Lobster tale

24 February 2014 By Jeffrey Goldfarb

Endless shrimp is one thing and all-you-can-eat democracy another, but both have the power to sicken. An activist fund wants investors in $7 billion U.S. eatery conglomerate Darden Restaurants to be allowed a vote on a spinoff of its Red Lobster chain. It’s a big step from giving all owners a say on governance matters to second-guessing management on strategic ones. Too much direct intervention could do more harm than good.

The proposal by Starboard Value, which owns 5.5 percent of Darden, is as elaborate and messy as eating a hefty crustacean. It’s trying to rally over half the company’s shareholders, the threshold needed under Florida law and Darden’s by-laws, to convene a special meeting. If successful, Starboard would then ask the company’s owners to pass a non-binding resolution urging the board not to separate Red Lobster without yet another shareholder vote.

Darden’s spinoff plan is already a partial response to another agitator. Barington Capital wants the company split, with slower-growing chains Red Lobster and Olive Garden grouped separately from more dynamic ones like Capital Grille. Starboard, however, reckons that carving out Red Lobster alone might actually destroy value and is pressing for a comprehensive review of the whole company, including its real estate.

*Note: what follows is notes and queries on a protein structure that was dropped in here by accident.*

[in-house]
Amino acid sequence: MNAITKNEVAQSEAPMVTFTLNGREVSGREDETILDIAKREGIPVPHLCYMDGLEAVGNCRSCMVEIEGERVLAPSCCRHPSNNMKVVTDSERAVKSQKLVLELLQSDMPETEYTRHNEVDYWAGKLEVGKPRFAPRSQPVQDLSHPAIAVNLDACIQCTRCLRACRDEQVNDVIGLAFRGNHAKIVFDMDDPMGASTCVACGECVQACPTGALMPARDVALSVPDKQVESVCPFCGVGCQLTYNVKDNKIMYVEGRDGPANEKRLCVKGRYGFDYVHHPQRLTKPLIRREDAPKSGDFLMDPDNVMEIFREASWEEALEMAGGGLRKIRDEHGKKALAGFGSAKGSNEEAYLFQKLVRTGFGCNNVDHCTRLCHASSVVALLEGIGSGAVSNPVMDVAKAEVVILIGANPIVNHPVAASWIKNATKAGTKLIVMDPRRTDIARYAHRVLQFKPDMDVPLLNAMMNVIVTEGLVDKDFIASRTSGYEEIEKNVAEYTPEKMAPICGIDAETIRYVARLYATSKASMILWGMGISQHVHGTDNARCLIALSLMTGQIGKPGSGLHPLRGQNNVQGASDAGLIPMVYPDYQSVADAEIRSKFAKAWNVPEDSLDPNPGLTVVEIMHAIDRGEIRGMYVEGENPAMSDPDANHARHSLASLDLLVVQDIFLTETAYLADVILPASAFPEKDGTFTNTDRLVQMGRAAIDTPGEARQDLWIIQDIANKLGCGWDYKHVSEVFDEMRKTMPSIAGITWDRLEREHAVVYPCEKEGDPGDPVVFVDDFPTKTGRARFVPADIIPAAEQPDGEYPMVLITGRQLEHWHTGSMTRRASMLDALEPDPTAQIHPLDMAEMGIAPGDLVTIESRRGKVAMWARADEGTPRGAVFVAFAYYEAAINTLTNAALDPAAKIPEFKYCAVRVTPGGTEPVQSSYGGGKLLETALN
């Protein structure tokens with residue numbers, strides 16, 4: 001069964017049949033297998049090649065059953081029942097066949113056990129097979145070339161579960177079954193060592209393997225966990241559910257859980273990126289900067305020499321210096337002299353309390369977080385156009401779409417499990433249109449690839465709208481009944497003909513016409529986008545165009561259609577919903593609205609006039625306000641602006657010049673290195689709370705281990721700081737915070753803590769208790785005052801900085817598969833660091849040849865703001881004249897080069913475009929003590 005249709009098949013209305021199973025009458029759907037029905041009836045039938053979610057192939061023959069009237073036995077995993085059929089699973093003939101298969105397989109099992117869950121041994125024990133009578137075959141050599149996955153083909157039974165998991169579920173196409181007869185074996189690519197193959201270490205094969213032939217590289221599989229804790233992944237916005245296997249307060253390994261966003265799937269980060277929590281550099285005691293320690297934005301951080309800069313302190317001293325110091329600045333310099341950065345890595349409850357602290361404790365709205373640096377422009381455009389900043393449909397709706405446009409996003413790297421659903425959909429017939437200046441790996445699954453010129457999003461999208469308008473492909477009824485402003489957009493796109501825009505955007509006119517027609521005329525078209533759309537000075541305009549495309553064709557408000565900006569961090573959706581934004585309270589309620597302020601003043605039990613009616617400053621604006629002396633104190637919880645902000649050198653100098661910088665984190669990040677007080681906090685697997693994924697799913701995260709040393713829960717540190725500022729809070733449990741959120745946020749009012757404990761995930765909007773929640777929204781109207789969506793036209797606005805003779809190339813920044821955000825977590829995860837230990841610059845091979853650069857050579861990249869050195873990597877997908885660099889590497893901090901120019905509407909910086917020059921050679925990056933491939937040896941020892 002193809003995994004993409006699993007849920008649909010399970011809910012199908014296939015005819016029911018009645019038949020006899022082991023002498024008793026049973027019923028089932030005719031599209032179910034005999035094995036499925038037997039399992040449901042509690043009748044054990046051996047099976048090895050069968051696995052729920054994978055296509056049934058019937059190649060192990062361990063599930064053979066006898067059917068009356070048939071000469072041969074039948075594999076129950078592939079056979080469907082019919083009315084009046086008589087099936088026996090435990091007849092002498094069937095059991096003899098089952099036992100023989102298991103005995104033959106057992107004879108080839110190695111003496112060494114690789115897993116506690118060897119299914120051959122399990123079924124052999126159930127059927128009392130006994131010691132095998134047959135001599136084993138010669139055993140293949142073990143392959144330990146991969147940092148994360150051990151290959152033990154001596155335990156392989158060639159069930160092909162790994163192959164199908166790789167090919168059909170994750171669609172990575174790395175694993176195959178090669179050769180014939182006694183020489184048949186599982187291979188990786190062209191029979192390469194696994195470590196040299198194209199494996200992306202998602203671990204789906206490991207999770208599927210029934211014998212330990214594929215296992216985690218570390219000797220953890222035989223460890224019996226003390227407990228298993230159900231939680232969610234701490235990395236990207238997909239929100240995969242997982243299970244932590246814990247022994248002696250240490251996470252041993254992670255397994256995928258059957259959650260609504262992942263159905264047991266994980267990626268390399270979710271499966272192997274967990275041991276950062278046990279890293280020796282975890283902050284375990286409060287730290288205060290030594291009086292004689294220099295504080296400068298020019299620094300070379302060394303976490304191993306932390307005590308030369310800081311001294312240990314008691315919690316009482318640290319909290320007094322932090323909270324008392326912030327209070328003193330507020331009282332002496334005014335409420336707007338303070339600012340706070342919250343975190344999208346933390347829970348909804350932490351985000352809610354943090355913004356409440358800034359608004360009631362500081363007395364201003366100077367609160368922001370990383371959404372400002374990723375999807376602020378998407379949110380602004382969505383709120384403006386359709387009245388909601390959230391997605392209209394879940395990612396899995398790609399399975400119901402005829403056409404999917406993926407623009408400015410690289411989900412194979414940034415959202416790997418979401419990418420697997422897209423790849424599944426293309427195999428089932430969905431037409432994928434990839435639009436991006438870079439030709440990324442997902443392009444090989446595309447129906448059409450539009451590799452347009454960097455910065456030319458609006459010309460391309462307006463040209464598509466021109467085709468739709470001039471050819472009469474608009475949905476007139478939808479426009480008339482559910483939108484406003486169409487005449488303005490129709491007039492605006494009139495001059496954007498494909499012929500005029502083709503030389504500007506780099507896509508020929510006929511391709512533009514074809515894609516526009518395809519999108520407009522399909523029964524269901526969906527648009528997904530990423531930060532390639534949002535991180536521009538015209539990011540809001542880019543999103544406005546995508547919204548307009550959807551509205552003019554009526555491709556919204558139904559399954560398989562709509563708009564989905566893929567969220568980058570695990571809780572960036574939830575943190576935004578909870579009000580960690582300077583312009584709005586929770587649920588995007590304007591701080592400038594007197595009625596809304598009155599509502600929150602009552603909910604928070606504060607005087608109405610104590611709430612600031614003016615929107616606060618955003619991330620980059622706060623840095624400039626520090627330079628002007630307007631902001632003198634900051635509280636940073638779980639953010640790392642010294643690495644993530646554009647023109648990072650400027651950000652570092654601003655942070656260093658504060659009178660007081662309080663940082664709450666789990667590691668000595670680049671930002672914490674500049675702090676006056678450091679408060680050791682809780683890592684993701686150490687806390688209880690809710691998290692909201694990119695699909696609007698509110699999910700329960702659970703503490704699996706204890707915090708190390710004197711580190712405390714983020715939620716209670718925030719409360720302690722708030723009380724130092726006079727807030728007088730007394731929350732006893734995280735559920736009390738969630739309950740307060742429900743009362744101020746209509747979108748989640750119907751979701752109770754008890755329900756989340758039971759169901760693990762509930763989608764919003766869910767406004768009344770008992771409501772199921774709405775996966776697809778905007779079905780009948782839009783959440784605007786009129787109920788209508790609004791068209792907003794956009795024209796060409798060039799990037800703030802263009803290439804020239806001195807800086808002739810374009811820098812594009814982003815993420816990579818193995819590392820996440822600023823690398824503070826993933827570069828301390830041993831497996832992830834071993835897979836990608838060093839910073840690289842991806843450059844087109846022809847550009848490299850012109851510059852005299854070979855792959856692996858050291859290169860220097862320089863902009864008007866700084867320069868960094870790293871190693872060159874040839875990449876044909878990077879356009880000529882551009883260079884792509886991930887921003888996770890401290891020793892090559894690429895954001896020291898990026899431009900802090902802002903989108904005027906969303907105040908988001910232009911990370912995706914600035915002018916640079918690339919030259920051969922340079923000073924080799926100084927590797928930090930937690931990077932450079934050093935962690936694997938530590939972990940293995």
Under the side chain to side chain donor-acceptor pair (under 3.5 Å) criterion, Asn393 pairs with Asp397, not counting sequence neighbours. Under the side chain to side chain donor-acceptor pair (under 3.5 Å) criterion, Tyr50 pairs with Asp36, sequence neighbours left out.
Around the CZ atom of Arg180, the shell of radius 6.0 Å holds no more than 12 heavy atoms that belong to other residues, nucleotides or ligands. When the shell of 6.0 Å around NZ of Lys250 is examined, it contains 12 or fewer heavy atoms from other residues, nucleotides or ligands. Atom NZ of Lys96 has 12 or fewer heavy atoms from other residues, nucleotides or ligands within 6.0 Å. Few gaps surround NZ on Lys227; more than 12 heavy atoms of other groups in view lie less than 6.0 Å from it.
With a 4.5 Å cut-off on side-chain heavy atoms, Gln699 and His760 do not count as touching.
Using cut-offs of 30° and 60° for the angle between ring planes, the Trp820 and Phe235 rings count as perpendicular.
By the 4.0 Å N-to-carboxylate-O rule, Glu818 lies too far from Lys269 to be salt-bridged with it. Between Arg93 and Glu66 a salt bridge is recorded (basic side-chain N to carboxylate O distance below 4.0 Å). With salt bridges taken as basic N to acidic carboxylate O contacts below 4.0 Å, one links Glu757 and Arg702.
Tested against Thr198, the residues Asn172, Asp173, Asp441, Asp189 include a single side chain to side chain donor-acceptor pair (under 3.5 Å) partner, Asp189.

Directors and managers don’t have a monopoly on good ideas and it’s sensible for them to discuss important decisions with investors. Once they have made a choice, however, it’s not obviously a good thing that representative leadership should be subverted by pure democracy.

Insiders often have more information than even astute outsiders. What’s more, there’s a risk that if investors insist on voting at every turn it will deter qualified chief executives and board members. In any case, shareholders already have the power to oust directors – increasingly all of them every year at big companies – if they don’t like the decisions being made.

Another uppity investor, Ralph Whitworth of Relational Investors, forged new ground last year with a successful ballot campaign to break up steel and ball bearing maker Timken. His victory, along with the growing number and power of activists, may embolden the likes of Starboard to seek greater control over corporate decision-making. Shareholders should just make sure their eyes aren’t bigger than their stomachs.

 

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